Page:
An Integral Liberation

If the key to Gutiérrez' method is the option for the poor, the content of his theology is centered on the notion of "liberation." (Note, again, that Gutiérrez never claims that the content of his "theology of liberation" is dramatically new; on the contrary, the call to liberation has always been at the very heart of the Christian kerygma.) That notion must also be viewed integrally, without separating its various dimensions. According to Gutiérrez, liberation should also be understood as encompassing three distinct though inseparable dimensions: (1) political liberation, (2) psychological, or anthropological liberation, and (3) liberation from sin (Gutiérrez 1973: 21-42). At its first level, liberation involves the transformation of social structures. At a deeper, second level, liberation entails an interior, psychological transformation through which the poor person comes to affirm his/her historical agency. Accustomed to seeing him/herself as merely a passive object of history, acted upon by historical forces and serving the interests of the powerful elites, the poor person now becomes an authentic historical agent, capable of exercising his/her rights and responsibilities as an actor, an authentic subject. Finally, at the deepest, third level, liberation is identified with salvation itself, that liberation from sin effected through the crucified and risen Christ.

Gutiérrez repeatedly underscores the fact that the three dimensions, while theoretically distinct, are always, in practice, intrinsically connected aspects of one, single liberative process. The third, deepest level remains qualitatively different, however, in that its realization is completely dependent on God's activity; salvation is pure gift. While we can and must work for social and personal transformation, the deepest and fullest realization of these is brought about through God's gratuitous love in the person of Jesus Christ. At the same time, that love is always made concrete in history; so, insofar as we help transform history in accord with God's will, we simultaneously open ourselves to and encounter God's grace in history.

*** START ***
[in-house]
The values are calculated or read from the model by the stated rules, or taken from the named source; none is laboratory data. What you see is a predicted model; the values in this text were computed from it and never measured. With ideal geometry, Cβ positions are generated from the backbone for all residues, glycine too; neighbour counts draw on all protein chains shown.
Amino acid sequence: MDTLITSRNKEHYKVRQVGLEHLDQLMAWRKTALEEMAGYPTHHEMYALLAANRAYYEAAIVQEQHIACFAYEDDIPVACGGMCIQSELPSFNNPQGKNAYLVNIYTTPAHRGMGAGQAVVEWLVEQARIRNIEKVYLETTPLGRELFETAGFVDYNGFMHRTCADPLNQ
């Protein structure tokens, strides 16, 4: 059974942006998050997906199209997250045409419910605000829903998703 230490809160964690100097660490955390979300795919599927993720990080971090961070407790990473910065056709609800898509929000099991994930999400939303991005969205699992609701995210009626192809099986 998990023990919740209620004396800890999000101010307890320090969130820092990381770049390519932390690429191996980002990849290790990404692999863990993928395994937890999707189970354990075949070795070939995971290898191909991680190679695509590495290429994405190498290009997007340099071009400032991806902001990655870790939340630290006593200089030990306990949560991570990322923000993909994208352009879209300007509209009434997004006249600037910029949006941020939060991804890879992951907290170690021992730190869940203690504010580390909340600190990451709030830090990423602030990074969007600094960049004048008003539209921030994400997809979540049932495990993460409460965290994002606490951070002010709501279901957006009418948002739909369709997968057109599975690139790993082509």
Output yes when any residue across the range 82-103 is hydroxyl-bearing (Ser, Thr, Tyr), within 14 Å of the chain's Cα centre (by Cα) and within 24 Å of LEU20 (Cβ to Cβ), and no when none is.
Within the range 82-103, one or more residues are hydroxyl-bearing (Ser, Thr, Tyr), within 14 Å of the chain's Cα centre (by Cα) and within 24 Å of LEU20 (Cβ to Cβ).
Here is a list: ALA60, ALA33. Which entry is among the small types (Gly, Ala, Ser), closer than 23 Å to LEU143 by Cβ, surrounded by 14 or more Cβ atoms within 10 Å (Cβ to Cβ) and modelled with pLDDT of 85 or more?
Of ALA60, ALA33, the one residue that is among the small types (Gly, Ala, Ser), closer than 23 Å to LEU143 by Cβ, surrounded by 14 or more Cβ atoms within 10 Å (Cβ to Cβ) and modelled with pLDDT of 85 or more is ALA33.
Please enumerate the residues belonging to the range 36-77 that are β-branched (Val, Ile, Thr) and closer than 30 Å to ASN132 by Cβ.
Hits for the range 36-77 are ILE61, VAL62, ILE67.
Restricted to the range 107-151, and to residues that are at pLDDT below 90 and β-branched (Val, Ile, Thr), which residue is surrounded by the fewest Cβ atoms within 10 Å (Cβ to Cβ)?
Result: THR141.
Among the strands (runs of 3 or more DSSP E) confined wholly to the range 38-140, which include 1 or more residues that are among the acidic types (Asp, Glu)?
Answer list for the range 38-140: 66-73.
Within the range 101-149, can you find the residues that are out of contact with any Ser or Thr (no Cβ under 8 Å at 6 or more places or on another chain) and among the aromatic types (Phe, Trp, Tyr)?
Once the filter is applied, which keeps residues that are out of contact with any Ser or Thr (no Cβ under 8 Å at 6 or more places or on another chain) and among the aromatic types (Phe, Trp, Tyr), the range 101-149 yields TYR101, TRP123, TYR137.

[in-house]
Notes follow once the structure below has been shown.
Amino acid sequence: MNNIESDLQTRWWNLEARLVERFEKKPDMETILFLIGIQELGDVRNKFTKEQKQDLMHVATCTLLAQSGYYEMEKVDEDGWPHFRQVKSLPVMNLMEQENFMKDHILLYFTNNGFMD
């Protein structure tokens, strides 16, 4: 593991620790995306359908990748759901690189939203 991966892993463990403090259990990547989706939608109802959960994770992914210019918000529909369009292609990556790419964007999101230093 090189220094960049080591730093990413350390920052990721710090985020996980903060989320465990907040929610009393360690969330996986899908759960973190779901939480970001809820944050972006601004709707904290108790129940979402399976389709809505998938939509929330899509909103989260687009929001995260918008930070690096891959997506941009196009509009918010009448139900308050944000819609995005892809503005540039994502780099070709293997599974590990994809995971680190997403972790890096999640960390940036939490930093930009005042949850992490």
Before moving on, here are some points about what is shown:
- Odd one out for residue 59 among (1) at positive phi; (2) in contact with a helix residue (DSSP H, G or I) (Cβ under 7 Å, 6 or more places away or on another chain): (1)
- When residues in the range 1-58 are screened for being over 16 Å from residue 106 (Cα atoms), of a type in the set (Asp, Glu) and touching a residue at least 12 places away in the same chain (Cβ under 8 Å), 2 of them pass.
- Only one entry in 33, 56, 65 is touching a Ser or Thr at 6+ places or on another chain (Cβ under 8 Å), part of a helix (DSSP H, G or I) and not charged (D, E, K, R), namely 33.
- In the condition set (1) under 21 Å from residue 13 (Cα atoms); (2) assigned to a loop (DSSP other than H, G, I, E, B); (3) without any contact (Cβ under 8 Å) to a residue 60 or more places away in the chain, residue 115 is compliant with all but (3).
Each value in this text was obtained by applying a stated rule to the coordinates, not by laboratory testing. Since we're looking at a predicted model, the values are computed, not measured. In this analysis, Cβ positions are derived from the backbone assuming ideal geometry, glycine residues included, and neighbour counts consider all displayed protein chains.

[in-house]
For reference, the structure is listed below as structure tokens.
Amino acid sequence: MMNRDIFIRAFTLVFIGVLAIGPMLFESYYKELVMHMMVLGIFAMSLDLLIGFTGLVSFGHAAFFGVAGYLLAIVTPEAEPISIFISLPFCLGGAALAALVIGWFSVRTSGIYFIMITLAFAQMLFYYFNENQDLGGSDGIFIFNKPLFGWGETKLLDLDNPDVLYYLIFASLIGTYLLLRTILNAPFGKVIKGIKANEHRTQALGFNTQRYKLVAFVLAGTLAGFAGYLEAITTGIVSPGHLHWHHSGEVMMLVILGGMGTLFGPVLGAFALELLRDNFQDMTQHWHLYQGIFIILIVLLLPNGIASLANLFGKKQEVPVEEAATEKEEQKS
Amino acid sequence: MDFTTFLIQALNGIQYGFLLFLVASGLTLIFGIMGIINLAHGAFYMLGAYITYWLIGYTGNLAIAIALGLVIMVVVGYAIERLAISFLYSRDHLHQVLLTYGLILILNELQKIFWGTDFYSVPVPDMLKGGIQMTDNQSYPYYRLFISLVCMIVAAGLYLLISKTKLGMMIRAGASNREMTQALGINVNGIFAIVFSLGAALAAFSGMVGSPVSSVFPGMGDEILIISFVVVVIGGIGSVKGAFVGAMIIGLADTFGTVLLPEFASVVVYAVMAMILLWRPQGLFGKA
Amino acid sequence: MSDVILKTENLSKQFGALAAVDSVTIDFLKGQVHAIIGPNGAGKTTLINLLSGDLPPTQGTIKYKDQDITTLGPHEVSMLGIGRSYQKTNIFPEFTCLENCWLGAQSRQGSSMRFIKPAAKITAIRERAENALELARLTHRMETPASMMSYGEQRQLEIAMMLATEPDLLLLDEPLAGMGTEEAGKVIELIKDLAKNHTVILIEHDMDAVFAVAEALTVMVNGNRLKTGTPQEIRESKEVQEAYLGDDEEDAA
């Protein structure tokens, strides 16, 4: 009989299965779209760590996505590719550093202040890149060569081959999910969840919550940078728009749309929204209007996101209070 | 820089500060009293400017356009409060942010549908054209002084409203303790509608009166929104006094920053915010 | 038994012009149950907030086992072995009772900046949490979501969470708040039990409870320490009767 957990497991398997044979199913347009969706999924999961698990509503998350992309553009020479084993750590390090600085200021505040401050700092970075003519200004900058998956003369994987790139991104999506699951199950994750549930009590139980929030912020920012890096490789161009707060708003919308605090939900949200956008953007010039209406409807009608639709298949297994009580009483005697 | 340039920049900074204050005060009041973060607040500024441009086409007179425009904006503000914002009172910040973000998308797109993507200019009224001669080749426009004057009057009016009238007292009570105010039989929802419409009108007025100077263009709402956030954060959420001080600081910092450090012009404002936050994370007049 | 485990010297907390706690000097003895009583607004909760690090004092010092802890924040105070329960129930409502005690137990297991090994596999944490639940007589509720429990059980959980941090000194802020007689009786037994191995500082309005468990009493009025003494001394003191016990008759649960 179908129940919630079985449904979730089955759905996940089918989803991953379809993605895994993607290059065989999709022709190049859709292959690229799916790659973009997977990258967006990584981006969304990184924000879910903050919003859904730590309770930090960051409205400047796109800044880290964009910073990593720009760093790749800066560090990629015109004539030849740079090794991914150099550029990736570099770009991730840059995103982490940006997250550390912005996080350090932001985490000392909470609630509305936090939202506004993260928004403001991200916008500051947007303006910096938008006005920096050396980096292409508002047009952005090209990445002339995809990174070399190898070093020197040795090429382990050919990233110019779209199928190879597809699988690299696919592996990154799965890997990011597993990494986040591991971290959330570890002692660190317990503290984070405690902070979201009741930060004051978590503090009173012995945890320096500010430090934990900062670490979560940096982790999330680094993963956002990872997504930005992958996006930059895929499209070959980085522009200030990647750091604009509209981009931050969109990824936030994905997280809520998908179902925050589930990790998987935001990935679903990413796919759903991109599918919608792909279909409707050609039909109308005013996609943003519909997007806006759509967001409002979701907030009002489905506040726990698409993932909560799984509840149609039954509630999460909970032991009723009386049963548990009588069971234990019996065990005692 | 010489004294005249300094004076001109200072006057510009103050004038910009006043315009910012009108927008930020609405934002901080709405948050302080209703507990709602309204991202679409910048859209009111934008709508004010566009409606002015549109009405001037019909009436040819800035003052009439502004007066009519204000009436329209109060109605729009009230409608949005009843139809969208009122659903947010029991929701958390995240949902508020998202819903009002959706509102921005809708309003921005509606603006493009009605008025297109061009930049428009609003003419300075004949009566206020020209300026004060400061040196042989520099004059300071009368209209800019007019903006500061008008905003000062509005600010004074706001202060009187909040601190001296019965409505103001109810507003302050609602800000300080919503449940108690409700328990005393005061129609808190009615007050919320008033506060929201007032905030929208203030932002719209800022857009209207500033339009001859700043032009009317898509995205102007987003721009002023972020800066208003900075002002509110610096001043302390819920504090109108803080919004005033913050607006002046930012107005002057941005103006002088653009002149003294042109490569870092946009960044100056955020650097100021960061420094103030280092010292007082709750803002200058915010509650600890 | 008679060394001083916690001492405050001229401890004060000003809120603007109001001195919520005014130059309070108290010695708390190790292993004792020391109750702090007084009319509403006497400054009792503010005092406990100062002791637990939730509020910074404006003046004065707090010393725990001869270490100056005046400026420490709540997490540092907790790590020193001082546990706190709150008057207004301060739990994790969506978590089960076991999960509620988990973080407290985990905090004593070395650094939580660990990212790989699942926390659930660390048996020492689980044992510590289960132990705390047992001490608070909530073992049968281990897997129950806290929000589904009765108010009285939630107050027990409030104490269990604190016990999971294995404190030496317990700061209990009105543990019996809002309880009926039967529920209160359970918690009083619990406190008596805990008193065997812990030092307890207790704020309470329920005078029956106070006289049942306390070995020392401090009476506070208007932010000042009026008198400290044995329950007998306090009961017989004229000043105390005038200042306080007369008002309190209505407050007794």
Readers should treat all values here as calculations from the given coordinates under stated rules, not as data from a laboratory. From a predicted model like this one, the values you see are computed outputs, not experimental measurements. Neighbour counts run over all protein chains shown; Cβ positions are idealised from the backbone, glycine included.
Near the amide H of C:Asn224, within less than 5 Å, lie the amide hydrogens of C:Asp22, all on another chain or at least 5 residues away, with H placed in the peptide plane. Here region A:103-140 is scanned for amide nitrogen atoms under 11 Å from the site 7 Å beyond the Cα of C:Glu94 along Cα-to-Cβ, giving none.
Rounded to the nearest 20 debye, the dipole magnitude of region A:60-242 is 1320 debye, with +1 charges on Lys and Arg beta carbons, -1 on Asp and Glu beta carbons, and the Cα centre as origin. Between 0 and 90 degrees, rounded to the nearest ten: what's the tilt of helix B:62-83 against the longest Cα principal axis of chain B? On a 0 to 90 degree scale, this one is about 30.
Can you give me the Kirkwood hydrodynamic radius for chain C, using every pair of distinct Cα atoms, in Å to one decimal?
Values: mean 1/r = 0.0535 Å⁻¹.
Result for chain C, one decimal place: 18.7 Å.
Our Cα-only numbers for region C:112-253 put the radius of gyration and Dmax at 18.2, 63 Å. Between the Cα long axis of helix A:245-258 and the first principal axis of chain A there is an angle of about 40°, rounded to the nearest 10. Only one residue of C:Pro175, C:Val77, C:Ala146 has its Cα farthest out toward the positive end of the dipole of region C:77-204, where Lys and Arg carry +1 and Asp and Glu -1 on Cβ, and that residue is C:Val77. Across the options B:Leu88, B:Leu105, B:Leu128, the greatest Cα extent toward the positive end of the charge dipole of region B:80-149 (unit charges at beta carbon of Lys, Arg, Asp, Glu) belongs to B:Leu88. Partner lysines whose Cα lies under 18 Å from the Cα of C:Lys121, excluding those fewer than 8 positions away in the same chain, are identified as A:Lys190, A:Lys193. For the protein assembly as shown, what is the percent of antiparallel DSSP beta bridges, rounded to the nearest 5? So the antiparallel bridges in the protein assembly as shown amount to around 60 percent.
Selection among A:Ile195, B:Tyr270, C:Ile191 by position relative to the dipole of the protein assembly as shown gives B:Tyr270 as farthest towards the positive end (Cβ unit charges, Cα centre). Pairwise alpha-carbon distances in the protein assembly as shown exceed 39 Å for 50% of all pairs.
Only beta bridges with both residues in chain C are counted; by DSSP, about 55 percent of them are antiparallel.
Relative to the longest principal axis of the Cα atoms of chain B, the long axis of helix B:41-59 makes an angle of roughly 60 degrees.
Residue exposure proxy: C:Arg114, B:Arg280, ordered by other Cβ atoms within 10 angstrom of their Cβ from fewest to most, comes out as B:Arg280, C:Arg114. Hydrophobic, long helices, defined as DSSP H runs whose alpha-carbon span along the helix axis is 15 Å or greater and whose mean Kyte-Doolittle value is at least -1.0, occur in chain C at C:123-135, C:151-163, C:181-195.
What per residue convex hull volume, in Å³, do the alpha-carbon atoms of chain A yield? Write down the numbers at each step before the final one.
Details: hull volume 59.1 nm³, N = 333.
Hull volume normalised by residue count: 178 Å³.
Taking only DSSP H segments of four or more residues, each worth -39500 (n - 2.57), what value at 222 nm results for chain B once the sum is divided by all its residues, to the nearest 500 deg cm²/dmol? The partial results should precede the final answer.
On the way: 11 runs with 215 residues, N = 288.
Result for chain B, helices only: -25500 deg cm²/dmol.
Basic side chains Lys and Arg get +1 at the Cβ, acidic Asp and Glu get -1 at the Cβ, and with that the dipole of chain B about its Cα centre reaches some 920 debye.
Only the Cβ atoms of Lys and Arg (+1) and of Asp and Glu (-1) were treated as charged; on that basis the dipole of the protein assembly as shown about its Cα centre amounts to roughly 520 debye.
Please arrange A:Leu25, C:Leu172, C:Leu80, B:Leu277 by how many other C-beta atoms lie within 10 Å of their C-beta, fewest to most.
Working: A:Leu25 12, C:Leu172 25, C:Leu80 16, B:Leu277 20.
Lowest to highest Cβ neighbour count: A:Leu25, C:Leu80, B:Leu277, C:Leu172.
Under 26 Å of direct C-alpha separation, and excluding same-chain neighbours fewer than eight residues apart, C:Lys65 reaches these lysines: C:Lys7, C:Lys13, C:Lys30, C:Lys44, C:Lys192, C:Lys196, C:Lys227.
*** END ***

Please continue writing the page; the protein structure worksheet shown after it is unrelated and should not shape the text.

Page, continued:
Gutiérrez' understanding of liberation is accompanied by a correspondingly holistic, integral notion of sin. On the one hand, human effort alone can never uproot sin at its deepest level. On the other hand, sin is never merely "spiritual" but always manifests itself concretely in the lives of individual persons and in social structures that facilitate and foster sinful behavior. If sin can be defined as the rupture of communion with other persons and God, that rupture is objectified in and mediated by the entire web of structures, organizations, and institutions within which we live out our relationships with others and with God. Those structures may foster values and behavior that impede communion (for example, by implicitly or explicitly fostering violence, conflict, greed, etc.) or they may foster values and behavior that facilitate communion (for example, by rewarding cooperation, compassion, service, etc.). In other words, the human struggle for communion and against sin always reflects the fact that the person is intrinsically a social being who is intrinsically connected to others and to God.

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